It doesn’t take a new press brake operator long on the job to realize that mastering the art of metal bending requires a bit more than comprehending how to press a button. While a CNC machine takes much of the guesswork out of the process of forming a specific part from a workpiece, the operator who wants to advance and become a true metal fabricator needs to start studying some of the basics of metallurgy (yield strengths) and why different metals react the way they do under various conditions.
An early lesson that plate roll and press brake operators learn is how to deal with the issue of springback. As its name implies, springback refers to the way material that has been rolled or bent will attempt to open and spring back towards its original prefabricated shape. Though metal seems to the casual observer to be a rigid, solid substance, most common structural metals like steel, aluminum, copper, and titanium are quite elastic, meaning they will bend under a certain load and then revert when the load has been removed.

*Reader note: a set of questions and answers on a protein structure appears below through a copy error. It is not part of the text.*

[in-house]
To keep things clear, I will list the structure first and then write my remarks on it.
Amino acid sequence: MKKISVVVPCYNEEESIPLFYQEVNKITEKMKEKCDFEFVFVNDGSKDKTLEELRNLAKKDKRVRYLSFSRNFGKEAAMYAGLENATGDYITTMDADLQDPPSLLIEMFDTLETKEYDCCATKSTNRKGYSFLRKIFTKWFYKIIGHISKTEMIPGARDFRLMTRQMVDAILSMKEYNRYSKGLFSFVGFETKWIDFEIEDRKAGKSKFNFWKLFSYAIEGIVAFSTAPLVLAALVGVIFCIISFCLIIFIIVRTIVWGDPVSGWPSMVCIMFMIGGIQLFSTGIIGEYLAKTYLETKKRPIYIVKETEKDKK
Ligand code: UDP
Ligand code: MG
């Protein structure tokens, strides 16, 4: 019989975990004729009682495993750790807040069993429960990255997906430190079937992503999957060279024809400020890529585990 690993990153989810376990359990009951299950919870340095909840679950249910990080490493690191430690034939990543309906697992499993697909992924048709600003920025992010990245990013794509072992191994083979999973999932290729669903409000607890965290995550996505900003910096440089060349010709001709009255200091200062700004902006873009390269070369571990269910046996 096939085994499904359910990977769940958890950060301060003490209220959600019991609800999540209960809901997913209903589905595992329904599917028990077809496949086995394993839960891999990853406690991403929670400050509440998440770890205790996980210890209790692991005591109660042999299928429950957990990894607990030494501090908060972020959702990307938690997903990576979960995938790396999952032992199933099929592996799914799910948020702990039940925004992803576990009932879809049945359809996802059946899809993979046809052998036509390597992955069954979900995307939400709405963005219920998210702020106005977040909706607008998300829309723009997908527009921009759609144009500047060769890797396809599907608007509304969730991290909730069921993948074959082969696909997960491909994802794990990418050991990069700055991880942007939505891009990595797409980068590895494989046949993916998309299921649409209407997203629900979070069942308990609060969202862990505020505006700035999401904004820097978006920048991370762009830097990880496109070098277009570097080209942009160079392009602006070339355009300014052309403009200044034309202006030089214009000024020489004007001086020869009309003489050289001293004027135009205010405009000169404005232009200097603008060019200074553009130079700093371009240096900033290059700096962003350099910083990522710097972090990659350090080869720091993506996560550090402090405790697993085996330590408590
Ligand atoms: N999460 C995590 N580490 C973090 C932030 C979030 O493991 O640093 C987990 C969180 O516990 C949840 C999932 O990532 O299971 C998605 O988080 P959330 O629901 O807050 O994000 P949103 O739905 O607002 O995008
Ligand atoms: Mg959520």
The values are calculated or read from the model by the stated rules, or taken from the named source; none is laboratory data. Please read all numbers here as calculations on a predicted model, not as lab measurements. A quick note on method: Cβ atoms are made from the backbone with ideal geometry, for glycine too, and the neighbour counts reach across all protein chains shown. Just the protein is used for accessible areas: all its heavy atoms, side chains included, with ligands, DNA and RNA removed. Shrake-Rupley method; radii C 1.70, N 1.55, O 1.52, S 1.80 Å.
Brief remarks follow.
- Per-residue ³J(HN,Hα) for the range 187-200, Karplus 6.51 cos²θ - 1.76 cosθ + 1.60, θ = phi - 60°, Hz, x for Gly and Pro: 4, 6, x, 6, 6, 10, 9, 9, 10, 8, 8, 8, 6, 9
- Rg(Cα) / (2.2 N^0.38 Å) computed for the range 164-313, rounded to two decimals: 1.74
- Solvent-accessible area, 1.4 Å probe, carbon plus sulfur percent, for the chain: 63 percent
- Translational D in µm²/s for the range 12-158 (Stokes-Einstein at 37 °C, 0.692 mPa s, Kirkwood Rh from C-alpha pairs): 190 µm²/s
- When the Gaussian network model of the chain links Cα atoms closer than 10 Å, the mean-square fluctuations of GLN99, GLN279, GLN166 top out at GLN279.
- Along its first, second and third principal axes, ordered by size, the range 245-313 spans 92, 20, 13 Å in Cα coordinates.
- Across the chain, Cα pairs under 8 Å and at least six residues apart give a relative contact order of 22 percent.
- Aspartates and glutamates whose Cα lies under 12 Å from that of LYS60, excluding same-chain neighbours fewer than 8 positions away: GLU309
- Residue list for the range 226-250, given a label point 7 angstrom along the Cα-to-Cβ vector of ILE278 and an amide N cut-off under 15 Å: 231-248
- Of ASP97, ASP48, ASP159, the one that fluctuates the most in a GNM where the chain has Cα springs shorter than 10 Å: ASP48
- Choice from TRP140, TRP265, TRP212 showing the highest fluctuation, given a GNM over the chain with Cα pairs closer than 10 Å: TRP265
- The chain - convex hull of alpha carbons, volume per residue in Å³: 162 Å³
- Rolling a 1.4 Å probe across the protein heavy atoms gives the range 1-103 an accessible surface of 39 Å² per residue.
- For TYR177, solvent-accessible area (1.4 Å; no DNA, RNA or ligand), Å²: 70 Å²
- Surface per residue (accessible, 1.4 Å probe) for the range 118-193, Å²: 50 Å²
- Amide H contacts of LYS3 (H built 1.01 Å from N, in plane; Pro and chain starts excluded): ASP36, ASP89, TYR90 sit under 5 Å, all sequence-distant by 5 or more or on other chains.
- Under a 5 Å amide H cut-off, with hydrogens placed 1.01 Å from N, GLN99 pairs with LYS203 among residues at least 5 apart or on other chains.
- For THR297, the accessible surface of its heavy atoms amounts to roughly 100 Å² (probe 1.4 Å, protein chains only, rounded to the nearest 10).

When enough load is applied, however, a change takes place in the material, with some of the deformation becoming permanent. The part of the deformation that remains elastic is the cause of springback. Operators will usually compensate for springback by overbending on a press brake to a smaller angle or over rolling on a plate roll to a tighter diameter, allowing the material to “loosen” to the desired radius when the load is removed.